Blister Beetles

Facts, Identification & Control

Appearance

What Do Blister Beetles Look Like?
blister beetle picture

There are several species of blister beetles in the U.S.

  • Size: Blister beetles are softbodied beetles that range in size from 1 to 2.5 cm in length.
  • Color: Adults range in color from an ash gray to bright yellow with black stripes.

They usually are seen during the day on flowers and also are attracted to lights at night.

How Did I Get Blister Beetles?

Adult blister beetles are categorized into many different species and depending upon the particular species, they eat plant leaves, parts of flowers, pollen and plant nectar, plus some blister beetle larvae consume grasshopper eggs and feed on immature bees. Therefore, blister beetles will venture into a homeowner’s yard to search for and consume their preferred meal, plus some blister beetle species are know to be attracted to lights at night.

How Serious Are Blister Beetles?

If disturbed, blister beetles may secrete a bodily fluid called cantharidin, which is a chemical that can cause irritation, swelling and blistering when it contacts human skin. The blisters caused by exposure to blister beetles are usually not very serious and blisters will completely clear up in less than a week to 10 days. Blister beetles are most likely to come into contact with homeowners as they are gardening, trimming shrubs or planting flowers, so wear protective gloves and long sleeve shirts to help prevent blister beetle exposure. Blister beetles can create a serious health threat to horses or sheep when large numbers of blister beetles and toxic amounts of canthardin are ingested in hay or other plants that are used for livestock feed.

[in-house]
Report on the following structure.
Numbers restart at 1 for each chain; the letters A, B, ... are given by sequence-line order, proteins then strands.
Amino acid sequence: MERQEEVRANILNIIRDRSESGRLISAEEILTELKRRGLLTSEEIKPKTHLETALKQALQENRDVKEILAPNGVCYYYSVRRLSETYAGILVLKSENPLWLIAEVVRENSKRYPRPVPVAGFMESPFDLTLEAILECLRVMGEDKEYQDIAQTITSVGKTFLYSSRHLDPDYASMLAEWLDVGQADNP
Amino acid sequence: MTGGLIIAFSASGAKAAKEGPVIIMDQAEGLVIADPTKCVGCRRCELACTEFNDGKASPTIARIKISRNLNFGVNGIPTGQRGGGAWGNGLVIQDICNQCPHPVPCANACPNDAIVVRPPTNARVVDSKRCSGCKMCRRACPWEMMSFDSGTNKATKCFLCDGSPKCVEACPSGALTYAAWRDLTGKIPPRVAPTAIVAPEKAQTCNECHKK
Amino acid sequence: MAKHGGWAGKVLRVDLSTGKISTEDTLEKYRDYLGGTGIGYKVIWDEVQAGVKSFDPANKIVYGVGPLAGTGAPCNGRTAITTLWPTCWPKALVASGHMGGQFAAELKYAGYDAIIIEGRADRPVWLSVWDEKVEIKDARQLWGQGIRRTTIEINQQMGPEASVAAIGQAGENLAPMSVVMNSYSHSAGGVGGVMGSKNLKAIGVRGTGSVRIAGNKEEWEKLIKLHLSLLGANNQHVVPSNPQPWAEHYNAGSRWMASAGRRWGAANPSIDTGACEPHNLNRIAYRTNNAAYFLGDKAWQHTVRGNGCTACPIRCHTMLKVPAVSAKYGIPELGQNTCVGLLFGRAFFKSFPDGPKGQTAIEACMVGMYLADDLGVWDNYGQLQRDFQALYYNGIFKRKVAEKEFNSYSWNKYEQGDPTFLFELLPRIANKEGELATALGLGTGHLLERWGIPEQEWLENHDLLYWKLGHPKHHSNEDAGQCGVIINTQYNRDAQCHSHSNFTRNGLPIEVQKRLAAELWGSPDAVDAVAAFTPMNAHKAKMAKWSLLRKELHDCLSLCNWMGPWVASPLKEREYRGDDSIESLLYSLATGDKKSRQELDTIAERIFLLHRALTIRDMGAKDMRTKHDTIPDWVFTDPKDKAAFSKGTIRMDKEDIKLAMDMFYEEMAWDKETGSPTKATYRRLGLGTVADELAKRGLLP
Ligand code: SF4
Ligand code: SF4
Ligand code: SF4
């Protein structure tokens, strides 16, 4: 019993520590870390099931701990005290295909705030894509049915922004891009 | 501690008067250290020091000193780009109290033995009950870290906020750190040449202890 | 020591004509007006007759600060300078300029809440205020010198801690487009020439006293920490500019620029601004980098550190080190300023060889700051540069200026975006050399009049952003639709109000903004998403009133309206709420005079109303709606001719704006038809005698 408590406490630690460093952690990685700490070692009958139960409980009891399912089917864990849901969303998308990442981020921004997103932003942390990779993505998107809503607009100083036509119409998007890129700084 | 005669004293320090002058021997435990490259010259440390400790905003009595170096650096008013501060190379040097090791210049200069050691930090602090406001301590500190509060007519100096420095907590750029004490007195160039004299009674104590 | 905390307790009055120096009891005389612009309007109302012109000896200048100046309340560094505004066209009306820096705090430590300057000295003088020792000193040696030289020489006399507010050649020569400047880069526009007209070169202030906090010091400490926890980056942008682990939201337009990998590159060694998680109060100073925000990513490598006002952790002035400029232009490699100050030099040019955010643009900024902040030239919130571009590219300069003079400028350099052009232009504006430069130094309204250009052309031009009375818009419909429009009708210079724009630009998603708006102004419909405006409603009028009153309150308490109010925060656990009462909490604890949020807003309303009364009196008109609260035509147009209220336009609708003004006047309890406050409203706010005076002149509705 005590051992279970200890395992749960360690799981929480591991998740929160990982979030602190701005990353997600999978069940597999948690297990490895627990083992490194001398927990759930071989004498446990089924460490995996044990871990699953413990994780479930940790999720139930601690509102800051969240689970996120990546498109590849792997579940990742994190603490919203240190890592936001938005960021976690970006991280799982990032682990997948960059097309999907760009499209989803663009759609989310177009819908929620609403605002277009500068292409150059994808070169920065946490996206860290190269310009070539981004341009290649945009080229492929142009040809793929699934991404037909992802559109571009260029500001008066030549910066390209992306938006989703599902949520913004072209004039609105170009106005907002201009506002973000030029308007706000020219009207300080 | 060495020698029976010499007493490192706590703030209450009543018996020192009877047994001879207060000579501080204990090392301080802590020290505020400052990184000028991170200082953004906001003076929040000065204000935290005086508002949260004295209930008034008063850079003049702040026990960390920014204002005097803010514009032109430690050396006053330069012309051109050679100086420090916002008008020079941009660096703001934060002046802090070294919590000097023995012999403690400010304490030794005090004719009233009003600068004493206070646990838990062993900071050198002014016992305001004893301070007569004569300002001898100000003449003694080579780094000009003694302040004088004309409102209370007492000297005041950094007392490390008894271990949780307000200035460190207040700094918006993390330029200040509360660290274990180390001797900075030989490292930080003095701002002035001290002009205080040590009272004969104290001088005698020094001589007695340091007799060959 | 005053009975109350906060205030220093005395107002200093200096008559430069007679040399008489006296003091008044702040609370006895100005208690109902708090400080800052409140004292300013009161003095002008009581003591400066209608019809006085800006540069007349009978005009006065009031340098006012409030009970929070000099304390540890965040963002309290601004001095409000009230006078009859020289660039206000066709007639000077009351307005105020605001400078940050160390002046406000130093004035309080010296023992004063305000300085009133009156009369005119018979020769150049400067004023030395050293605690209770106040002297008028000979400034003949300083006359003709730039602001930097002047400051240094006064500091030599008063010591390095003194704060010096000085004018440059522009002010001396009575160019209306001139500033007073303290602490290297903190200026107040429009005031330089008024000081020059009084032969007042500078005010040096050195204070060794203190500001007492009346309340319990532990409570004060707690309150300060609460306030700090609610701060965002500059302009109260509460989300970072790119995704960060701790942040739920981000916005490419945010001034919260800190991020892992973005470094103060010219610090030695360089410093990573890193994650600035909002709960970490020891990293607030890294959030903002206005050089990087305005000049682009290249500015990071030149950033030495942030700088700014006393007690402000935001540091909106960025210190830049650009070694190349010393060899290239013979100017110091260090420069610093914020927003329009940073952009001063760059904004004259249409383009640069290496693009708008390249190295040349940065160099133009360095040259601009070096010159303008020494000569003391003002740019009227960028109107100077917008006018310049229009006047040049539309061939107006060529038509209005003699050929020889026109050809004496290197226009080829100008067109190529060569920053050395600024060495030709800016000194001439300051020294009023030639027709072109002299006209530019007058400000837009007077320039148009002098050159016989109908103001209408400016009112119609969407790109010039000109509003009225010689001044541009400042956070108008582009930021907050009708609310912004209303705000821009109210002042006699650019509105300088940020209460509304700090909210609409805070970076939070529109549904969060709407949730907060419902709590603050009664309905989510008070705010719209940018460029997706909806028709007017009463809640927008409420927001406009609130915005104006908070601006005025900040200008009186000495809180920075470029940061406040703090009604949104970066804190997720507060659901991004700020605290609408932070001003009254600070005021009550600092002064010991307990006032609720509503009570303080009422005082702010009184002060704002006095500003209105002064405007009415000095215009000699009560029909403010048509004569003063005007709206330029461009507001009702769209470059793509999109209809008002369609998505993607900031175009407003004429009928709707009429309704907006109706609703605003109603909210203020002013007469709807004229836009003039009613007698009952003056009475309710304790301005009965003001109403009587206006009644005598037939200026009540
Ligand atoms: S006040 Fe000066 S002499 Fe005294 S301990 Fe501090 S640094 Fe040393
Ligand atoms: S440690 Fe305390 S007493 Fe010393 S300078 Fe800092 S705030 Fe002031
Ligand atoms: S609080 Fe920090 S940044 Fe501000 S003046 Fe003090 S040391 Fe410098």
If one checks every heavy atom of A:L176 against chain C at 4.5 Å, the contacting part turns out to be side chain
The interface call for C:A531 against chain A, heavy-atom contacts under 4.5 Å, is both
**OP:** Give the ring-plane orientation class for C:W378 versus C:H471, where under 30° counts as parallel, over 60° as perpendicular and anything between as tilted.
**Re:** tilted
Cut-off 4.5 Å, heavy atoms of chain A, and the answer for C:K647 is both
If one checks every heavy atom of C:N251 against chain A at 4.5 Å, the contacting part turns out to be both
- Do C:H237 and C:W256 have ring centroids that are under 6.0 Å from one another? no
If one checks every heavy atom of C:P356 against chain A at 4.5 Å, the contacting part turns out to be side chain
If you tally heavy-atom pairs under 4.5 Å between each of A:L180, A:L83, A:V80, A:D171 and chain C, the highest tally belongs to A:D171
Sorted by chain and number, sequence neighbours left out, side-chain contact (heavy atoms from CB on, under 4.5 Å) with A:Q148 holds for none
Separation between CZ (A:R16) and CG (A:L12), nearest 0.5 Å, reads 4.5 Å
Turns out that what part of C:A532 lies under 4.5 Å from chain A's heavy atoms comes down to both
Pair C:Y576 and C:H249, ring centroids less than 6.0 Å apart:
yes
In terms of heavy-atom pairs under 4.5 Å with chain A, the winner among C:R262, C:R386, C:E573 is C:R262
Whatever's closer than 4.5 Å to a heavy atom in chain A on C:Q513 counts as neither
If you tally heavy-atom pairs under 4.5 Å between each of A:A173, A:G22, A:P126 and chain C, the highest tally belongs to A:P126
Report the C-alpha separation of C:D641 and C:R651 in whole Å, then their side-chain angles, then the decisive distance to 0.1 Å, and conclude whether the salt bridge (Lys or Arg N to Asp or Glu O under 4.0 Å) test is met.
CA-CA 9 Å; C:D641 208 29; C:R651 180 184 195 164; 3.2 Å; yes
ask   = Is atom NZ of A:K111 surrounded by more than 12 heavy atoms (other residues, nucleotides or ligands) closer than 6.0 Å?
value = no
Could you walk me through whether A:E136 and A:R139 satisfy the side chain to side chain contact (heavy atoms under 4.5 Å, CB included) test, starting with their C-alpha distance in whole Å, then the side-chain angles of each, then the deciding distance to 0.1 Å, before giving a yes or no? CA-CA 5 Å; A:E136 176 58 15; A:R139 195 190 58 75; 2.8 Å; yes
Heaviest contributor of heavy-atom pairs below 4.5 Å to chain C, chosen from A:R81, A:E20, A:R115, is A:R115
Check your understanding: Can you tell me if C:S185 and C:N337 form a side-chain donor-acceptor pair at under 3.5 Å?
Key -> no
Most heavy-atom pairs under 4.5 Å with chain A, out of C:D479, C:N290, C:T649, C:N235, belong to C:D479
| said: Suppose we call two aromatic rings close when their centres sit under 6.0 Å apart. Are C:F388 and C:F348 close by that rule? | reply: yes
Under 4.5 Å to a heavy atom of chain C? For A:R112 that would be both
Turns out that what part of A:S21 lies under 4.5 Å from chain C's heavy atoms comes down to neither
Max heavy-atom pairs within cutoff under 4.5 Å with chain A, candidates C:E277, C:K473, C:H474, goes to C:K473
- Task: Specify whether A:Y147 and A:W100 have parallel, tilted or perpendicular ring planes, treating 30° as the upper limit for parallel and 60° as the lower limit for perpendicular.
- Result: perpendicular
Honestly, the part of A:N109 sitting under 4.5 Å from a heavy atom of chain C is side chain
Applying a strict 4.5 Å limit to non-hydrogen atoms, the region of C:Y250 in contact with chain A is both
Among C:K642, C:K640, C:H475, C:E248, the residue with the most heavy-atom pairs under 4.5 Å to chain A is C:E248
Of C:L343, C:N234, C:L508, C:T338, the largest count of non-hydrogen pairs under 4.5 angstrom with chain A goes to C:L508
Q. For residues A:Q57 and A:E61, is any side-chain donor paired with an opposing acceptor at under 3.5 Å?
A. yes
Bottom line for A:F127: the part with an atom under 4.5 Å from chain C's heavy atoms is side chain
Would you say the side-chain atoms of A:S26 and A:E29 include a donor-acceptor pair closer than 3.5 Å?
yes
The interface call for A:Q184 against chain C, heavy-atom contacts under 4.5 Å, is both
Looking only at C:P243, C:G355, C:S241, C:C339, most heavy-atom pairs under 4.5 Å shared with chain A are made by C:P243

Adult blister beetles live for over three months, and populations can expand rapidly in warm areas. Plant damage is common during heavy infestations.

How Do I Get Rid of Blister Beetles?

What Orkin Does
The Orkin Man™ is trained to help manage beetles of all kinds. Since every home or property is different, the Orkin technician will design a unique program for your situation.

Keeping these beetles out of your home is an ongoing process, not a one-time treatment. Orkin’s exclusive A.I.M. solution is a continuing cycle of three critical steps—Assess, Implement and Monitor.

The Orkin Man™ can provide the right solution to keep beetles in their place…out of your home.


Signs of a Blister Beetle Infestation

Immature stages of blister beetles often go unnoticed. Adults, however, can be observed on vegetation.

Behavior, Diet & Habits

Cantharidin
Blister beetles belong to a group of insects with a very interesting and sordid past with people. They get their name from a caustic chemical they produce called cantharidin. When crushed, the beetle can literally bleed the chemical from its joints, and skin contact with it can result in blisters. Even though cantharidin is caustic, it has medical properties that people have long exploited in the form of Spanish fly. People would consume a concoction of dried and crushed blister beetles for ailments such as gout and arthritis, as well as using it as the aphrodisiac Spanish fly. Unfortunately, cantharidin can be fairly toxic and it is no longer widely used in medicine.

Where do they live?
Blister beetles are not an indoor infesting pest. They tend to be more of an agricultural/livestock pest. Many species feed on plants which include ornamental and vegetable crops. Horses and livestock also may be affected. Blister beetles, feeding in a hay field, may accidentally be ground up when the hay is harvested. The cantharidin impregnates the hay and can be consumed by the animals, potentially resulting in their death.

Reproduction

Eggs are laid by the female in protected areas like under stones. The initial larvae are highly mobile and usually seek out insects such as bees as they feeds on flowers. The larvae ride back to the nest where they prey on the inhabitants of the nest. The larvae eventually become pupae and then transform into adults.

More Information

Blister Beetle Bites

Blister Beetles and Horses

Blister Beetle Larvae

Blister Beetle Poisoning